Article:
Traditional Appropriations. OEI can also use direct appropriations to enable installations to own, operate, and maintain assets associated with a resilience project. However, buying, operating, and maintaining infrastructure through  appropriated  funding is OEI’s third preference, due to challenges in balancing the Army’s extensive infrastructure capitalization and sustainment needs.


OEI projects have used an estimated $627 million of direct private capital investment in support of 11 operational projects—delivering more than 300-MW of production capacity. Several other projects are in the assessment, validation, or agreement phases. Although some are subject to final Army or regulatory approvals, once complete, 18 of 22 projects, either in operation or early consideration, will provide some islandable capability for critical missions.

For example, a project at Redstone Arsenal, Ala., completed in December 2017, includes the Army’s first privately funded, economically viable battery energy storage system. The 1-MWh/2-MWh battery system is coupled with a 10-MW on-site solar array. The project generates on-site, fuel-free power and stores a portion of that power to offset demand during peaks; this enhances energy resilience by adding diversity to Redstone Arsenal’s energy supply and adds operational flexibility for a future microgrid. A 27-year Power Purchase Agreement and a lease for approximately 114 acres was also included in the contract.

Similarly, the battery energy storage facility at Fort Carson, Colo., is the largest peak-shaving battery on an Army installation as of November 2018. The battery offsets the high-energy demands placed on Fort Carson’s power grid, especially during summer cooling season. The facilities reduce the garrison’s peak electric use by an average of 9 percent every month, saving approximately $525,000 a year.

At Schofield Barracks, Hawaii, a 50-MW multifuel plant/30-day microgrid generation plant is capable of providing three installations with 100 percent of energy requirements during a grid outage. Located above the tsunami inundation zone, the plant—constructed, owned, and operated by Hawaiian Electric— is equipped with “blackstart” capability, five days of on-site fuel storage, and 30 days of fuel storage on the island.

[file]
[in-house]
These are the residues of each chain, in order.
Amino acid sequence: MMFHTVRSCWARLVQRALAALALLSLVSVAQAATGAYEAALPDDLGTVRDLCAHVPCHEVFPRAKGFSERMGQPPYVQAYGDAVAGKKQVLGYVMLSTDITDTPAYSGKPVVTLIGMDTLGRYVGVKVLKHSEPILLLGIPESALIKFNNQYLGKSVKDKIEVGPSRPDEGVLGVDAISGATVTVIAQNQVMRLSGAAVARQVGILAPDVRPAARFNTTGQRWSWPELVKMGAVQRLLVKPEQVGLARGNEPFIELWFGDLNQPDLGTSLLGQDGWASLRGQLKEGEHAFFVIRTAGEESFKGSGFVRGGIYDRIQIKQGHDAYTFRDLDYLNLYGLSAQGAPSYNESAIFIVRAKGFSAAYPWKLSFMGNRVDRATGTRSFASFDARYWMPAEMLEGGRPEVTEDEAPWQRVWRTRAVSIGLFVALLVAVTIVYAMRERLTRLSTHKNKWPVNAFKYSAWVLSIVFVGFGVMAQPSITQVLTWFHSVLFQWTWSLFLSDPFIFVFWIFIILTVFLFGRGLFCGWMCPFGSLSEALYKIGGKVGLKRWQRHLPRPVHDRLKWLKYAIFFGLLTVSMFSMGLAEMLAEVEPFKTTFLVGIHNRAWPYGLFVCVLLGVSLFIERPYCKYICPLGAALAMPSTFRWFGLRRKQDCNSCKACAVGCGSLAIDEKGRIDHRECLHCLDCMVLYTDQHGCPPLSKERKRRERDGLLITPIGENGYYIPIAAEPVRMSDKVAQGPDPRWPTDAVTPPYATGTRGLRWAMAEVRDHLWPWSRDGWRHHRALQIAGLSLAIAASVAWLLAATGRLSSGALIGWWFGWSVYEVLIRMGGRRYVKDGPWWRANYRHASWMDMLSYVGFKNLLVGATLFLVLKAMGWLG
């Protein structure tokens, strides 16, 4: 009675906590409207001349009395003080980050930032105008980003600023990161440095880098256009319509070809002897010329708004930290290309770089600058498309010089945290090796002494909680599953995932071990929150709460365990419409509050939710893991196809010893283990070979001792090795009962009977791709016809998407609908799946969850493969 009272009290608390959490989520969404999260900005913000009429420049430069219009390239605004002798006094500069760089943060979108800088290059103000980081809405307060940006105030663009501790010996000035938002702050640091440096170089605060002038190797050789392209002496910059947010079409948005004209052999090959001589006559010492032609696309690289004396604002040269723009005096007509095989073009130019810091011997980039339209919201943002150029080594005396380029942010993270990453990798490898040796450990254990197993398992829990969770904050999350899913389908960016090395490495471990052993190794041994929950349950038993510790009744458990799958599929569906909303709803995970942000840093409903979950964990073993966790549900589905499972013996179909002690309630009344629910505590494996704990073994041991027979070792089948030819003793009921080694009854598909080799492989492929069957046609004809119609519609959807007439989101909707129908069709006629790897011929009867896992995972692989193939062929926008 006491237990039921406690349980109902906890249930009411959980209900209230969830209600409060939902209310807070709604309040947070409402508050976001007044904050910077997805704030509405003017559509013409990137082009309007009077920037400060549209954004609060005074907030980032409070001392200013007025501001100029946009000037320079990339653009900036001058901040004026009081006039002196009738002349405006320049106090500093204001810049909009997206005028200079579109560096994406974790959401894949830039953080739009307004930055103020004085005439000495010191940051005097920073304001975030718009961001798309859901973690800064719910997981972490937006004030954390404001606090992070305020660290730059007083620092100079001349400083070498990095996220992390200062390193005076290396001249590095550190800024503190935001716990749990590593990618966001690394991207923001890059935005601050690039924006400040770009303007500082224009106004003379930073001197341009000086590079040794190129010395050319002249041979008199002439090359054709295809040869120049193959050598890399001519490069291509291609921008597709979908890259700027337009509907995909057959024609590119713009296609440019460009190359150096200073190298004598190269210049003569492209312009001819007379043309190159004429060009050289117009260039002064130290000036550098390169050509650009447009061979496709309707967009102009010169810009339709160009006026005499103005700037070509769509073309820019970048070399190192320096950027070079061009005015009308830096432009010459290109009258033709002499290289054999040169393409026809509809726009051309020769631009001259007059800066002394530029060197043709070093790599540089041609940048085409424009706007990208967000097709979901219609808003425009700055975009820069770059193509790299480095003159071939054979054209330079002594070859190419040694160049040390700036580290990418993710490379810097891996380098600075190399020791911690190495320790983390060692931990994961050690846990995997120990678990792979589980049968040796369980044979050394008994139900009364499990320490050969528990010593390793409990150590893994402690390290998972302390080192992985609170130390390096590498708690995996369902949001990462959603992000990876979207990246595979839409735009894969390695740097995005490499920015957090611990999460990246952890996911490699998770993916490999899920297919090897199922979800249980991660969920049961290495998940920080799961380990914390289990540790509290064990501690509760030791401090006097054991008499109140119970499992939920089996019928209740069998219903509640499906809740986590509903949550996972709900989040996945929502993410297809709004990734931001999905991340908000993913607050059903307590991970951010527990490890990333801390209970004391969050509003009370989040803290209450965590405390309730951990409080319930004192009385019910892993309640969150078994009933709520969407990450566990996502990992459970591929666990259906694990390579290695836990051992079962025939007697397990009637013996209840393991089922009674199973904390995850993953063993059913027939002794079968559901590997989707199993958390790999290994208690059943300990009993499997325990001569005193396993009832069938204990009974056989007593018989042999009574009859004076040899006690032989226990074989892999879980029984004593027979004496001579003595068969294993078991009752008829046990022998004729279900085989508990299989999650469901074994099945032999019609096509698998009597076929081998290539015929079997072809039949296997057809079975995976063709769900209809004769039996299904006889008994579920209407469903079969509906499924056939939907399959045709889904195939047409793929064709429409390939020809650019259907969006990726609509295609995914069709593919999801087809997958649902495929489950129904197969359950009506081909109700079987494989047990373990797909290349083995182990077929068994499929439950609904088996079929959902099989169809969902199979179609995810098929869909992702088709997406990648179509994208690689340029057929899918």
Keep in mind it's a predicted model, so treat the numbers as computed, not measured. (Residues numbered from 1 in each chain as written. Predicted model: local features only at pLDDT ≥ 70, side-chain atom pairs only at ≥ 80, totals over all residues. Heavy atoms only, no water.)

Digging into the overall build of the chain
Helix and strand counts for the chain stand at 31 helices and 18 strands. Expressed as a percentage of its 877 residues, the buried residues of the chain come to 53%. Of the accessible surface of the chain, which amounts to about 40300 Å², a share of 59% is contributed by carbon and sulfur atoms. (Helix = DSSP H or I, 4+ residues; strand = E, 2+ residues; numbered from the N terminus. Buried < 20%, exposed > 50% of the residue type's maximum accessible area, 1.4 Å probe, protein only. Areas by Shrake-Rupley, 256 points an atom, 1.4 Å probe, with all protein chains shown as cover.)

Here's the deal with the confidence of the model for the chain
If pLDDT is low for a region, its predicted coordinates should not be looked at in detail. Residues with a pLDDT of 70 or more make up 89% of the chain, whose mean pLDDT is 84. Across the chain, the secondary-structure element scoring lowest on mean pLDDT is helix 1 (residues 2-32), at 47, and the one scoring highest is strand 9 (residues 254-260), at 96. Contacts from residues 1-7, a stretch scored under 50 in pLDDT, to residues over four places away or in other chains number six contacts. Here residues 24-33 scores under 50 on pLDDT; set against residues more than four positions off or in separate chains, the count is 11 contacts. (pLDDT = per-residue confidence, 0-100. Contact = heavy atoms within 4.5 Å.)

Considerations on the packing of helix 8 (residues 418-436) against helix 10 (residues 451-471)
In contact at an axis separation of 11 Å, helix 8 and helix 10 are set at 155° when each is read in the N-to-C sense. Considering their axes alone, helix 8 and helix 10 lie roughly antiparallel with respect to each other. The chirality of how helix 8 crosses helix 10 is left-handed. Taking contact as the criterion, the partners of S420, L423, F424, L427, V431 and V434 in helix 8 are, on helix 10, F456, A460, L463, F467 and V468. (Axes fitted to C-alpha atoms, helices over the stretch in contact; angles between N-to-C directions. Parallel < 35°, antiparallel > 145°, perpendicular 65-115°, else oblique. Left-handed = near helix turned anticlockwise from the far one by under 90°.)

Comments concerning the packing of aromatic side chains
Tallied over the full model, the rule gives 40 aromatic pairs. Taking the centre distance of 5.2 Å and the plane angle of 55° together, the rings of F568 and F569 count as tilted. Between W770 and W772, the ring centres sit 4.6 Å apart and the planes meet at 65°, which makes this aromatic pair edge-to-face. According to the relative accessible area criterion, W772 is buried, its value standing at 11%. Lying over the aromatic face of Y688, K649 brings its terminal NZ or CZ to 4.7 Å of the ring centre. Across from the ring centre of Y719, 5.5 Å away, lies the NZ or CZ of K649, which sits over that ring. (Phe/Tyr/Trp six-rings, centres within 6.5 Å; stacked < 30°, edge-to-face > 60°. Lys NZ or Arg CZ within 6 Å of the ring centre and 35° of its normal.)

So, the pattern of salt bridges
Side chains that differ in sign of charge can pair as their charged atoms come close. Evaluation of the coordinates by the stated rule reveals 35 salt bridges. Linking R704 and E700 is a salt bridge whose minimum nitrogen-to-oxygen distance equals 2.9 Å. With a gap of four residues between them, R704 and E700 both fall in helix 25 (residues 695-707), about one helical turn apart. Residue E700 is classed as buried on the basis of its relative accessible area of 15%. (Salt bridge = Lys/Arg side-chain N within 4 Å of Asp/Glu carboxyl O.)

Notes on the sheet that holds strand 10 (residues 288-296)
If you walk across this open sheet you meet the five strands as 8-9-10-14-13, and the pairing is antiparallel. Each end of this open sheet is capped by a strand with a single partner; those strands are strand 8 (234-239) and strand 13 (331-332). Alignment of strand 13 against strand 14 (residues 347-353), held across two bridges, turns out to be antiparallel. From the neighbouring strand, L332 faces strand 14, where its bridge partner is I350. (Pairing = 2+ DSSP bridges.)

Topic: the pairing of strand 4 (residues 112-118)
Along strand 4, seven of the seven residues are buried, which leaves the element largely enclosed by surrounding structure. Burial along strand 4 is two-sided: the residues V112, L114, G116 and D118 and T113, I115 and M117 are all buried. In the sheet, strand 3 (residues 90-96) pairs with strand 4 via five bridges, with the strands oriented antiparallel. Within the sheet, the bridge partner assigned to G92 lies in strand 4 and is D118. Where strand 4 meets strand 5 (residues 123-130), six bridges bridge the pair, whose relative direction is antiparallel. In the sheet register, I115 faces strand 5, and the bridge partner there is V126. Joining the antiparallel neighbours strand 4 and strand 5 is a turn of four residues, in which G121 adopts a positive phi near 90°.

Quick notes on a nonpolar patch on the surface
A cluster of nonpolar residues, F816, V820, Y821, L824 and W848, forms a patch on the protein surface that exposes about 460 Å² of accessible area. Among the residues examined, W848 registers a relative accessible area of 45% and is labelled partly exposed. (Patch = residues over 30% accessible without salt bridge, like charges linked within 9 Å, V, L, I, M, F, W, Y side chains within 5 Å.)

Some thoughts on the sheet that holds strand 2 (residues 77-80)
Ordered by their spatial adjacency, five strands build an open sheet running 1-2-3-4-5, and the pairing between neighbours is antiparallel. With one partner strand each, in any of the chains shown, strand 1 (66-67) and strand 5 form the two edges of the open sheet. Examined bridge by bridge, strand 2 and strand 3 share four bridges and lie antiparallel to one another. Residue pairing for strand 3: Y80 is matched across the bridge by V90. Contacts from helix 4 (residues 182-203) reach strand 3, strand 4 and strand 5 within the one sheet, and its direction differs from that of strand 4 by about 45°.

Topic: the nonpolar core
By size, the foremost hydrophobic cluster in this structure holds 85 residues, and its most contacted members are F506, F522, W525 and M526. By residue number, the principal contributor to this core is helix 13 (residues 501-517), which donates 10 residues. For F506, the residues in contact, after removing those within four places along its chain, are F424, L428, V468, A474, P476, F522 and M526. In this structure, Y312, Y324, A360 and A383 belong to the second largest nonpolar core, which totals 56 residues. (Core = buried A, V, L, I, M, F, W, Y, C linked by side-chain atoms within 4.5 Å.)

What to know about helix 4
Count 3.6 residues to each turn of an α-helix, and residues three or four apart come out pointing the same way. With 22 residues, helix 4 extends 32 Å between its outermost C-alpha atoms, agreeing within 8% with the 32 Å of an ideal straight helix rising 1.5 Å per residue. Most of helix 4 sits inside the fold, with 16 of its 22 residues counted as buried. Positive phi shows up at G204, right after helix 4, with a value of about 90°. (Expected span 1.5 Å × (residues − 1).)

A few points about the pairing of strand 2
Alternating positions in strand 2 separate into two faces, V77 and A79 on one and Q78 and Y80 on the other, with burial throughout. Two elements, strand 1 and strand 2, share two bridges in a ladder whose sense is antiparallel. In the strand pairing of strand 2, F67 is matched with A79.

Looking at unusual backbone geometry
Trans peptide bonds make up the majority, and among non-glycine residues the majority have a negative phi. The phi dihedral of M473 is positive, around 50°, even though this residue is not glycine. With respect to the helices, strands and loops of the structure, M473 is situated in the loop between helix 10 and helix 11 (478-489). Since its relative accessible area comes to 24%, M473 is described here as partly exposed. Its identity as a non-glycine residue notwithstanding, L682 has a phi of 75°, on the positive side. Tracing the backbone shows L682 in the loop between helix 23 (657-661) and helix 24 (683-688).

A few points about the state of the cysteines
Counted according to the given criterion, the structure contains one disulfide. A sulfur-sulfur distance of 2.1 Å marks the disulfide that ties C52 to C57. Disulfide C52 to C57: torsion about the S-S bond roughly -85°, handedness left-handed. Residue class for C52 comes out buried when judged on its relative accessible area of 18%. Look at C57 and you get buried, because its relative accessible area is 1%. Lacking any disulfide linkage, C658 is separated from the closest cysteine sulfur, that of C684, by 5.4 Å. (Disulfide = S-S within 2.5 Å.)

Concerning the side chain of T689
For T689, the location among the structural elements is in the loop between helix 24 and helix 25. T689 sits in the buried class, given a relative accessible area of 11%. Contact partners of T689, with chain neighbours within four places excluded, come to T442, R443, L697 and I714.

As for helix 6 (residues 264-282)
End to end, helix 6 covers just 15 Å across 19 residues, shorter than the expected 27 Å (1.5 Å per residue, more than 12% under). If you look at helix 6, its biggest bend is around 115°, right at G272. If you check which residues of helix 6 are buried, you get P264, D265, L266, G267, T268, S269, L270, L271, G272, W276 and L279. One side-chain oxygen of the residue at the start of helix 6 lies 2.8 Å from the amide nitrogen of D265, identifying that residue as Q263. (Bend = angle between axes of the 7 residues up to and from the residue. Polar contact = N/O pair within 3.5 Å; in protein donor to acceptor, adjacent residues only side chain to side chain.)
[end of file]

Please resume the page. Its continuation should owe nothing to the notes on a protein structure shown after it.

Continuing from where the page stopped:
Ultimately, through a portfolio of authorities and resources, OEI has the flexibility to integrate multiple resourcing streams and “assemble” a final solution set that best suits an installation’s needs.

A 50-MW multifuel plant/30-day microgrid generation plant under construction at Schofield Barracks, Hawaii.


Army installations provide direct support to our warfighters in both operational requirements and as power projection platforms. Secure and uninterrupted access to energy (and water) is essential to Army missions. Using concepts and capabilities from advances in distributed energy, smart grids, and storage technologies, the Army is reforming energy practices to attract private sector capabilities and capital to strengthen the regional power grids and equip energy systems with the best capabilities to withstand threats.

Today’s highly contested, lethal, and complex operating environment calls for diligent joint management of energy, water, and land resources. OEI continues to seek collaboration and engagement with industry to meet energy resilience needs while facilitating private investment objectives.

Michael McGhee, P.E., is Executive Director, U.S. Army Office of Energy Initiatives;

[This article first published in the March-April 2020 issue of The Military Engineer.]